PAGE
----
Updated: Feb 27
Sanctions following the Russia-Ukraine conflict have triggered much discussion on the impact of how other countries would manage their foreign currency reserves going forward.
After sanctions on Russia, a new debate has grown, what if in the future other countries like India, Pakistan, etc get sanctioned? What will be the benefit of those foreign reserves then? Foreign reserves are basically insurance, which will help the nation whenever there is an economic crisis.
During World War, Italy was sanctioned by the USA without even determining whether they have enough foreign reserves for running their nation smoothly. Countries generally use US dollars as foreign reserves as these are the most stable ones.
Let me clarify you with an example, suppose Ram purchased a house worth 20 crores but within a few weeks the value of that house came down to 5 crores. Here you can see no stability in the amount.
So, in foreign reserves, we generally use those things which are more stable and would be available in the 'liquid' form. So, whenever there is a condition of crisis in the nation, we can use foreign reserves.
'Sanctions' seem to be the most promising tool over here behind the cutting down of US Dollars Reserves.
What made global FX reserves rise from USD 2 trillion to USD 12 trillion by 2014?
During the Asian Financial Crisis, they got to know the importance of those FX reserves. Continued to figure out, what amount will be good for their country in the FX reserves. Some said the amount should be enough to pay the mid-term debt of the nations.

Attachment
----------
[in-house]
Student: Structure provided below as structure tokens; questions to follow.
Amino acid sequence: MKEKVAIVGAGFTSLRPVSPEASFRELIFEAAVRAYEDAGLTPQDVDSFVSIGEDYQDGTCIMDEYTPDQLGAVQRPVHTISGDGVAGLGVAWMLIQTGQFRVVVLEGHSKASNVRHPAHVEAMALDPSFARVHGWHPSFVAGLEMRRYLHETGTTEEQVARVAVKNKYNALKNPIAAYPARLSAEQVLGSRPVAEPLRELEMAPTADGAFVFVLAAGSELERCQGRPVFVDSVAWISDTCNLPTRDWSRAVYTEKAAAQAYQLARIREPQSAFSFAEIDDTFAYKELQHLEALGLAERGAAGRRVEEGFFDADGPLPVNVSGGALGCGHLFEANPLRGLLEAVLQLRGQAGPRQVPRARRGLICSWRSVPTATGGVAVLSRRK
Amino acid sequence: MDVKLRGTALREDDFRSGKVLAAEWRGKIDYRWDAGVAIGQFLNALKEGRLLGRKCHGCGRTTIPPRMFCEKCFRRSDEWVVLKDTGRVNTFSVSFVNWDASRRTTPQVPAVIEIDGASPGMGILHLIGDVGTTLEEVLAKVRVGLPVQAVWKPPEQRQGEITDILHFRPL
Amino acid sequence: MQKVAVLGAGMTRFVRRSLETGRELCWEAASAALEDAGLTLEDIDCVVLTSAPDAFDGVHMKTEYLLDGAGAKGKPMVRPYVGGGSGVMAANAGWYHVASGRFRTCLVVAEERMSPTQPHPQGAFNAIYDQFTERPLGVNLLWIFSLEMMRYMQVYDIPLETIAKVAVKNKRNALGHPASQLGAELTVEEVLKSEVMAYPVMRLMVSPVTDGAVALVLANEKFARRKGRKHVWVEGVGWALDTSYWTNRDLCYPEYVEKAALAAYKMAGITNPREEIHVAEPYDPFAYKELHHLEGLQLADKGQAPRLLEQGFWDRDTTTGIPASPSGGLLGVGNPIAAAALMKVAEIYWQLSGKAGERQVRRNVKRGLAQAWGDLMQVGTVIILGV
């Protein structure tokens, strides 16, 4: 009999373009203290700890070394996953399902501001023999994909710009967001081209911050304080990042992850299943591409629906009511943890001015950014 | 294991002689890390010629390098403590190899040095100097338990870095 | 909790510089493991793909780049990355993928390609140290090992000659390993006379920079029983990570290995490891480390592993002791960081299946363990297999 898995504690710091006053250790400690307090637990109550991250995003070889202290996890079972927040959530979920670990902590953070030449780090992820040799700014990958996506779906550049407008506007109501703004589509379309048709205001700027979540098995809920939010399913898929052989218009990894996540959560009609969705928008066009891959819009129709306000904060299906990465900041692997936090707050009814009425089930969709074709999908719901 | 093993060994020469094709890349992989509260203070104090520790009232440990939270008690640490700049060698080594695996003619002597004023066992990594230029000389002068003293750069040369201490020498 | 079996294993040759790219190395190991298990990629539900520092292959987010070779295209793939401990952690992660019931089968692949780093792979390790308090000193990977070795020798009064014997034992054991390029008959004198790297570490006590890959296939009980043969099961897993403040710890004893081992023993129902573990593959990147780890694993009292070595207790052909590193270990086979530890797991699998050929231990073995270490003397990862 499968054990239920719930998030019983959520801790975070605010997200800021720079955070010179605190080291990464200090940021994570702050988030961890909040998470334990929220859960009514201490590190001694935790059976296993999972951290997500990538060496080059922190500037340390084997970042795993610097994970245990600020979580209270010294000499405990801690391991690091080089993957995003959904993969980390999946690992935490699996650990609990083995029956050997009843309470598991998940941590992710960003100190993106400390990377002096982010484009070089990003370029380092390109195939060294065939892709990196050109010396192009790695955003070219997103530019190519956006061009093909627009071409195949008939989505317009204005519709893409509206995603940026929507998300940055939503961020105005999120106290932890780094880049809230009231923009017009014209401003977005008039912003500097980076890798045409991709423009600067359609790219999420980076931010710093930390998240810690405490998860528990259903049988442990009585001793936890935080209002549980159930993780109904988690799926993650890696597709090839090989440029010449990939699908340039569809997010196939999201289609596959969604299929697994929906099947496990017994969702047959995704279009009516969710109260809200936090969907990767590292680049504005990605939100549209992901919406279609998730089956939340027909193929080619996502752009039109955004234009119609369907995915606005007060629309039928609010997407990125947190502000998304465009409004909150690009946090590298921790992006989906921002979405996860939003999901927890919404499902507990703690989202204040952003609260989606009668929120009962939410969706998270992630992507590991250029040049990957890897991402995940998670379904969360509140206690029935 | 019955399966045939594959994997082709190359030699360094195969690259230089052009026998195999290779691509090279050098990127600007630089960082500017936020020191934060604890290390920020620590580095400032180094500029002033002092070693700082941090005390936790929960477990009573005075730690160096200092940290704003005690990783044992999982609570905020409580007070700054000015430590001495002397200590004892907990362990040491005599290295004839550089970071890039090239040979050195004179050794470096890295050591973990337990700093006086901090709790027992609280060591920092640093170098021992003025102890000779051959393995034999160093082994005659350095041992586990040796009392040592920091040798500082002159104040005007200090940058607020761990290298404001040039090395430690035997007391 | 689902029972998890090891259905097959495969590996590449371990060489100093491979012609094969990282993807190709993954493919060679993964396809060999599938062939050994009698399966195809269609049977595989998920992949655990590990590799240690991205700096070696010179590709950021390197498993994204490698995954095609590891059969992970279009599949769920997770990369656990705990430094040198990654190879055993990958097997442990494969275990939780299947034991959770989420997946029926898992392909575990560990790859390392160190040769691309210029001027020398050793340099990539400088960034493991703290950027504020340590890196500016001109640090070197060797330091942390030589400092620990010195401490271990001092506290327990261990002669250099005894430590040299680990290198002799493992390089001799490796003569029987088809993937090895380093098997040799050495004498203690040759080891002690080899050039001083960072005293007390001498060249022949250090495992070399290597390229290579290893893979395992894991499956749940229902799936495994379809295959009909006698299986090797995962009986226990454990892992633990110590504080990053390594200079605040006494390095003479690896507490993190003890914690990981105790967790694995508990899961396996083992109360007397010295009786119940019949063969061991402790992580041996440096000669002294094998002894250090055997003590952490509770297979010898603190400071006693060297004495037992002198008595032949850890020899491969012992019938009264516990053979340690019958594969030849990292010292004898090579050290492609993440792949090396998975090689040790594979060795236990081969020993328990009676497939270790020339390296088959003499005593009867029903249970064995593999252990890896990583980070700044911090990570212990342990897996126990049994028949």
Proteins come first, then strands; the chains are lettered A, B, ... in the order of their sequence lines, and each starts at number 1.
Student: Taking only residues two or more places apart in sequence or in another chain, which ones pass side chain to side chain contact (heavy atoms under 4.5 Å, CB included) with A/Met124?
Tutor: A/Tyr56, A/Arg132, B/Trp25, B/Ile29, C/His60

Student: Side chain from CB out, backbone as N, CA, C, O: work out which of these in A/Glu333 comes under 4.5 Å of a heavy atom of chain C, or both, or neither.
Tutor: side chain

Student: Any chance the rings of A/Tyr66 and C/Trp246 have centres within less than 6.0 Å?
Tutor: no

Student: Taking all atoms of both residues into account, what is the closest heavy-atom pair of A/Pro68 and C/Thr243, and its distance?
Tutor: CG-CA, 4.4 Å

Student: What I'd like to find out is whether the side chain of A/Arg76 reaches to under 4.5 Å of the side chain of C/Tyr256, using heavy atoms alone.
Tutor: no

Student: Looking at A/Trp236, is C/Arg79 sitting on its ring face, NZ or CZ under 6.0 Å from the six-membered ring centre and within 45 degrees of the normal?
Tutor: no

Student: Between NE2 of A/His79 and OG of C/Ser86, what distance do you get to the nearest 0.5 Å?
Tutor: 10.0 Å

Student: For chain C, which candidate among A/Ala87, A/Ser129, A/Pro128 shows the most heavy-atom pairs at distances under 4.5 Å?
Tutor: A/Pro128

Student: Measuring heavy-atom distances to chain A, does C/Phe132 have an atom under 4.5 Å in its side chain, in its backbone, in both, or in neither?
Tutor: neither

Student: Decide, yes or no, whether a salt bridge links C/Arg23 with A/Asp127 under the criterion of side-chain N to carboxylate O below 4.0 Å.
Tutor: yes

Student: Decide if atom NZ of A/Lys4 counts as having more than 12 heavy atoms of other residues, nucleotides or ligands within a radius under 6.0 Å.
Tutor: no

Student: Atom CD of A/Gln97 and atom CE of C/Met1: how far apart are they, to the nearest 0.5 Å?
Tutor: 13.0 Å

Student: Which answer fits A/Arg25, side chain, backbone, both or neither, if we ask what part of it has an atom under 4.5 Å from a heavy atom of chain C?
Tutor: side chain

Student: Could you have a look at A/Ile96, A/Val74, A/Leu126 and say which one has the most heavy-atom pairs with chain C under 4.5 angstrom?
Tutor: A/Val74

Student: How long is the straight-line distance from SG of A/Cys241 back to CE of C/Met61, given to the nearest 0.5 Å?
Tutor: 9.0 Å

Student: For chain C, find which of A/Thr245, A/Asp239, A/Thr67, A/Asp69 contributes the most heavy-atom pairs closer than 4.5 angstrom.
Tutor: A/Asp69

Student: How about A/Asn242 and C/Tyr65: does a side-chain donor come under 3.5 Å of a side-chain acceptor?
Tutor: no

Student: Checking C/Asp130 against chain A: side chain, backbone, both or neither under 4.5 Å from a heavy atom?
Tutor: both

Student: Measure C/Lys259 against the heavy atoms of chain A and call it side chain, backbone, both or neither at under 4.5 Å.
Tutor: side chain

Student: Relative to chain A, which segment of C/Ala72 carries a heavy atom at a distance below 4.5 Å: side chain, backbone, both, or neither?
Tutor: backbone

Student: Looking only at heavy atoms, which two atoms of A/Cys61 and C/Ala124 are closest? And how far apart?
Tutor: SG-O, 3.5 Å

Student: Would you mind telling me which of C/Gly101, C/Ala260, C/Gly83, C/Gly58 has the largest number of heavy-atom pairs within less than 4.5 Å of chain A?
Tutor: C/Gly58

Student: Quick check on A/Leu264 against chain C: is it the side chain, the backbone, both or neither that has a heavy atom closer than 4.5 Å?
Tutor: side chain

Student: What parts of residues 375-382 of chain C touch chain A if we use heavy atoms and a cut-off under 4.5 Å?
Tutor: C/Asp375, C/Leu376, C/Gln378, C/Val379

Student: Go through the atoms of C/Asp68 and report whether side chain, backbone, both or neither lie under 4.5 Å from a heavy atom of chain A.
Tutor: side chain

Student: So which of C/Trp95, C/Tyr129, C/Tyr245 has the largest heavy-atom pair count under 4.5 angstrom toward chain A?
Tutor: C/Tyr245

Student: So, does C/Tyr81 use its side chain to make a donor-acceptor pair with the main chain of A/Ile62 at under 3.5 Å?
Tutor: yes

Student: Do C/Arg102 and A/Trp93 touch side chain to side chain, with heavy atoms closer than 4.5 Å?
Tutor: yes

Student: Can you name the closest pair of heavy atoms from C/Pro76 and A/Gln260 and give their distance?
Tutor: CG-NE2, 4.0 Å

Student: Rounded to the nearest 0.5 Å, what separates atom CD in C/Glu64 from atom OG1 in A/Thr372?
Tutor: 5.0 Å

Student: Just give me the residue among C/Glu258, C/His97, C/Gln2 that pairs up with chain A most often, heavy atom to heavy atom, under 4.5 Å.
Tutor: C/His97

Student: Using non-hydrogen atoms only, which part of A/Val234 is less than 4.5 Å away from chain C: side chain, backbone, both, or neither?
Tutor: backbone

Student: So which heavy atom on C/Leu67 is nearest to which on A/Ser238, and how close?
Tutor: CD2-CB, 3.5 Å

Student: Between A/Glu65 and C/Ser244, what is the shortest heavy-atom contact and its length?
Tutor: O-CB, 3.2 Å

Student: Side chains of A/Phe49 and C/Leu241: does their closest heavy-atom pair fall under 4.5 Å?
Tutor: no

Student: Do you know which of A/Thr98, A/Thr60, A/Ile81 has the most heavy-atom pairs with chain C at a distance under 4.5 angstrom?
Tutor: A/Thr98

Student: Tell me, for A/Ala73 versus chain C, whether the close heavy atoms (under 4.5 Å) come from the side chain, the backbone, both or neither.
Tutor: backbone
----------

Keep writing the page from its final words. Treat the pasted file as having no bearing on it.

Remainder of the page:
But this didn't happen. The absolute quantum of global reserves is continuously falling for the last eight years.
In 2000 Reserves as a share of global GDP rose from 5.5% to 15.4% in 2014 but now it is below 14%.
In fact, India and Switzerland are those countries that bought dollar assets to prevent their respective currencies from volatility.
So, the primary reason over here is a sharp decline in FX reserves in China and Saudi Arabia.
What is the reason behind the fall of foreign reserves in China and Saudi Arabia?
Whenever a country is running in a current account surplus it will accumulate more foreign assets over time. The foreign asset holdings of China and Saudi Arabia have grown steadily. It resulted in them stopping the sequestering of most of their foreign reserves.
This means, having liquid foreign assets held by a state actor to use in a period of economic crisis. So, the share of reserves in total foreign assets has fallen from 27% to 20% over the past decade.
Rise of other Currency Reserves
The share of the USD in global FX reserves has indeed fallen from 71% in 1999 to 59% in 2021, with nearly half of the decline occurred in 2014.
This has shifted to the euro, the yen, the British pound, and the Chinese yuan.